January 18, 2005 By Emily Montandon
"We were one of the first ones in the space," said Helton. "802's not licensed, so we're in the public spectrum, and wireless ISPs are cropping up everywhere. In the beginning, we coordinated with the ISPs very carefully. Now there are more than a dozen in our county, so there's a lot of competition for that air space."
An engineer was hired to address interference and related challenges, but Helton said the county has been waiting for the FCC to clear spectrum for public safety operations and will re-engineer the network to leave the public space as soon as the county can afford it.
Even though the FCC has designated spectrum for public safety networks, Helton said once the spectrum is available, it could be a while before the county can move out of the unlicensed spectrum.
"The big issue for us is that we're a very poor county. We have a $3.9 million budget shortfall this year, so we don't have money to spend on fancy systems," he said. "We're really relying on the FCC to open those frequencies up in a manner that there's a lot of competition, so a lot of vendors can compete so the price will be low."
The network has been compromised only once, said Helton.
"Nothing bad happened. I think it was just some kid," Helton said. "Once he got into it, he was just in and out. He just proved he could get in and got out. But it was enough for us to have to spend several thousand dollars to lock it down further."
Helton said the security hole was patched immediately, and the county is now installing a remote authentication dial-in user service server -- which authenticates and authorizes remote network users -- for added security.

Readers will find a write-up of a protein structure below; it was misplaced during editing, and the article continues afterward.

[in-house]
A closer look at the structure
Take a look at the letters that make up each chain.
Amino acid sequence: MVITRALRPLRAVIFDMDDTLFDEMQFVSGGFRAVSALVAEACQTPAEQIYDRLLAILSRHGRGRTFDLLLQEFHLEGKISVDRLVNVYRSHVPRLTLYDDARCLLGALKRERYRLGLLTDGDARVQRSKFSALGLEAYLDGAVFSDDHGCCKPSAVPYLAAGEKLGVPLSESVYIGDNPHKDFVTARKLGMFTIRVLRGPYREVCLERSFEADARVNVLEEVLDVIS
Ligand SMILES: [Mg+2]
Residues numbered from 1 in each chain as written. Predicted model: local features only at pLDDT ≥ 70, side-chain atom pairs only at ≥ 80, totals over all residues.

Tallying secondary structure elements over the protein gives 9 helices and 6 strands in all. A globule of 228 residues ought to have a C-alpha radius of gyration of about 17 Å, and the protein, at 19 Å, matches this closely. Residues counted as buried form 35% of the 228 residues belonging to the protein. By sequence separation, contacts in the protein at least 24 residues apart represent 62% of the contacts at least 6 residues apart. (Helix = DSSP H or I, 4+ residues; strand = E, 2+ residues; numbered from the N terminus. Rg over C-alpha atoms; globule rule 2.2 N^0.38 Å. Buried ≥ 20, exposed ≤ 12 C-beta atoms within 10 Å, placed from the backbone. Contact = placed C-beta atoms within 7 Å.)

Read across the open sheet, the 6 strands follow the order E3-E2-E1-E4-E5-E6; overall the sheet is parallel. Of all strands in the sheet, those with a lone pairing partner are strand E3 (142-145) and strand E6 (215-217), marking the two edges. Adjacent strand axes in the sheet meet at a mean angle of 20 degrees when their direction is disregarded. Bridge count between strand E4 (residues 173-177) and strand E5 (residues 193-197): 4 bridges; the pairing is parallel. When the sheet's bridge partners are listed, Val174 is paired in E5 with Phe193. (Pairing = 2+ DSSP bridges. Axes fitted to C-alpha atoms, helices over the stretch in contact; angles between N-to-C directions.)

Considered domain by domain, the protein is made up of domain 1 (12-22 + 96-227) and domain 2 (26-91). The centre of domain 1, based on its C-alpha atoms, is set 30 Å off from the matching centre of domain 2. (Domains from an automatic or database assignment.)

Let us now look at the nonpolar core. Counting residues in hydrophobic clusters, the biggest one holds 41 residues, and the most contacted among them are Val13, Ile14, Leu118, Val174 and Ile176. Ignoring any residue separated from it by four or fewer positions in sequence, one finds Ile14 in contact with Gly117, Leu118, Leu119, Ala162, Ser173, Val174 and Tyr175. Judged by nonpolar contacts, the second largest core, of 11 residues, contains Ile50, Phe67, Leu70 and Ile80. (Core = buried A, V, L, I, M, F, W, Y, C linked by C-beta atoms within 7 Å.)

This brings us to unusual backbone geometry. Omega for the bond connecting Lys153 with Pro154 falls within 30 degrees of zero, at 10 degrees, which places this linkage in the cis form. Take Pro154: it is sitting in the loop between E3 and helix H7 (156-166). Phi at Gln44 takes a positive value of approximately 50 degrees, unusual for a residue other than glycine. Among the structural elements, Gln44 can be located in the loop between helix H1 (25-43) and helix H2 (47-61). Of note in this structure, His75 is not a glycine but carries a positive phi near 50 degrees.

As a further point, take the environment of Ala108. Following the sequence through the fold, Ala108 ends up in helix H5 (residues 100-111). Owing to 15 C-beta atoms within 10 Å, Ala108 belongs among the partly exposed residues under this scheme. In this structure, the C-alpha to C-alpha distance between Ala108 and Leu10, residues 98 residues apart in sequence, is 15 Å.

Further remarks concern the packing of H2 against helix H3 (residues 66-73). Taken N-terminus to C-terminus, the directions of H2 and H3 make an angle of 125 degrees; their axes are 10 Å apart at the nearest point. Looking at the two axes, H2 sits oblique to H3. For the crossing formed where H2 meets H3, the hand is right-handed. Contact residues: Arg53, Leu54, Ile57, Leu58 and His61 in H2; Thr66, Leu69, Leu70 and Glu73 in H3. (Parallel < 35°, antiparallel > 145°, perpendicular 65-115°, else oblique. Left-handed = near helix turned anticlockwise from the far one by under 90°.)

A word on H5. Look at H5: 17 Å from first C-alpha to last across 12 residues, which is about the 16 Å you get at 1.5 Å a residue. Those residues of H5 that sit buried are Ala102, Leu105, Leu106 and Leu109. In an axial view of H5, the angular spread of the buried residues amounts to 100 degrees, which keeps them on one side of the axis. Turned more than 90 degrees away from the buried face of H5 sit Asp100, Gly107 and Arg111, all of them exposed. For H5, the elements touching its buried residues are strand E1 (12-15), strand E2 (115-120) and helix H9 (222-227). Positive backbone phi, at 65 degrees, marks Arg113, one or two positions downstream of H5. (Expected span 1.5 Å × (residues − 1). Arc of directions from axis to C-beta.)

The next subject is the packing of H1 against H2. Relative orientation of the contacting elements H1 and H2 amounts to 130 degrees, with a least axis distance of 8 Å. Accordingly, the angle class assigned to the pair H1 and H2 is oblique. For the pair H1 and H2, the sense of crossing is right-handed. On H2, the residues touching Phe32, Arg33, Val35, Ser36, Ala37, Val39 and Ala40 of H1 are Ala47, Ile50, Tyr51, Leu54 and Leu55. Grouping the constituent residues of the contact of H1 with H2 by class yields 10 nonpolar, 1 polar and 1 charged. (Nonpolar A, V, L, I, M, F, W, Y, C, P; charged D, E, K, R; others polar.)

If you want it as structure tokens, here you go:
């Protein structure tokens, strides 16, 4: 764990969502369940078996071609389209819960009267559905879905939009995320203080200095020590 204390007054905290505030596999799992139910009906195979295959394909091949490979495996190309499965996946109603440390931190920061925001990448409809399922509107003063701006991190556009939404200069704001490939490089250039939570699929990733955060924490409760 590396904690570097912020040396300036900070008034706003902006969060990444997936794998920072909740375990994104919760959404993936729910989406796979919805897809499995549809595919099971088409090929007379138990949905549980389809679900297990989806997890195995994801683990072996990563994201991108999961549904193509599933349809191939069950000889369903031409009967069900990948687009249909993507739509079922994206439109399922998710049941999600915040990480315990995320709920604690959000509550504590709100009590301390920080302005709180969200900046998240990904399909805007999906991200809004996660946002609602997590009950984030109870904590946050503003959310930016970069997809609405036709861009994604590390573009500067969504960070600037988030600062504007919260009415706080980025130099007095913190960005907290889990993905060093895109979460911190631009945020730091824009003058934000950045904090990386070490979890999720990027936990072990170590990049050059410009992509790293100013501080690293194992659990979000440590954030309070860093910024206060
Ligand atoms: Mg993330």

Toppenish's Rosenow said reception for squad cars has also been a challenge at times. To remedy the problem, Rosenow said the city has committed to purchasing equipment to cover dead spots in the city when they are encountered.
Network users have shared in the costs, said Helton, and lots of improvements have been made since the original deployment.
A federal HIDTA grant paid for part of the original deployment, which was approximately $70,000, he said, and the jurisdictions that use the network pitched in to pay the remainder.
"All of the jurisdictions worked in just a wonderful manner. All the city councils agreed. The police chiefs all cooperated. Everyone cooperated -- the public works departments -- so we could build this network for very little money. If they hadn't cooperated, we couldn't have done it," Helton said. "I'm proud of the community and the county for seeing the benefit of this and making it happen."
To improve network efficiency, Helton said the county is installing fiber and cutting the network into cells. He said doing so will decrease broadcast traffic, which can constitute as much as 70 percent of traffic on such a large network.
"It's overhead. It's not data," he said. "There's a certain amount of talking it has to do. It's radios communicating with radios, saying, 'I'm still here. Are you there?'"
Helton said now that the network is divided into cells, the radio-to-radio traffic that occurred because of communication between backbone sites will be reduced, minimizing broadcast traffic.
"Instead of being pointed at each other, [the nodes] will be pointed back at the fiber," he said. "It also provides us with a lot of redundancy, because if one cell goes down now, all the others stay up. It's more reliable, it moves more data, and it's quicker."
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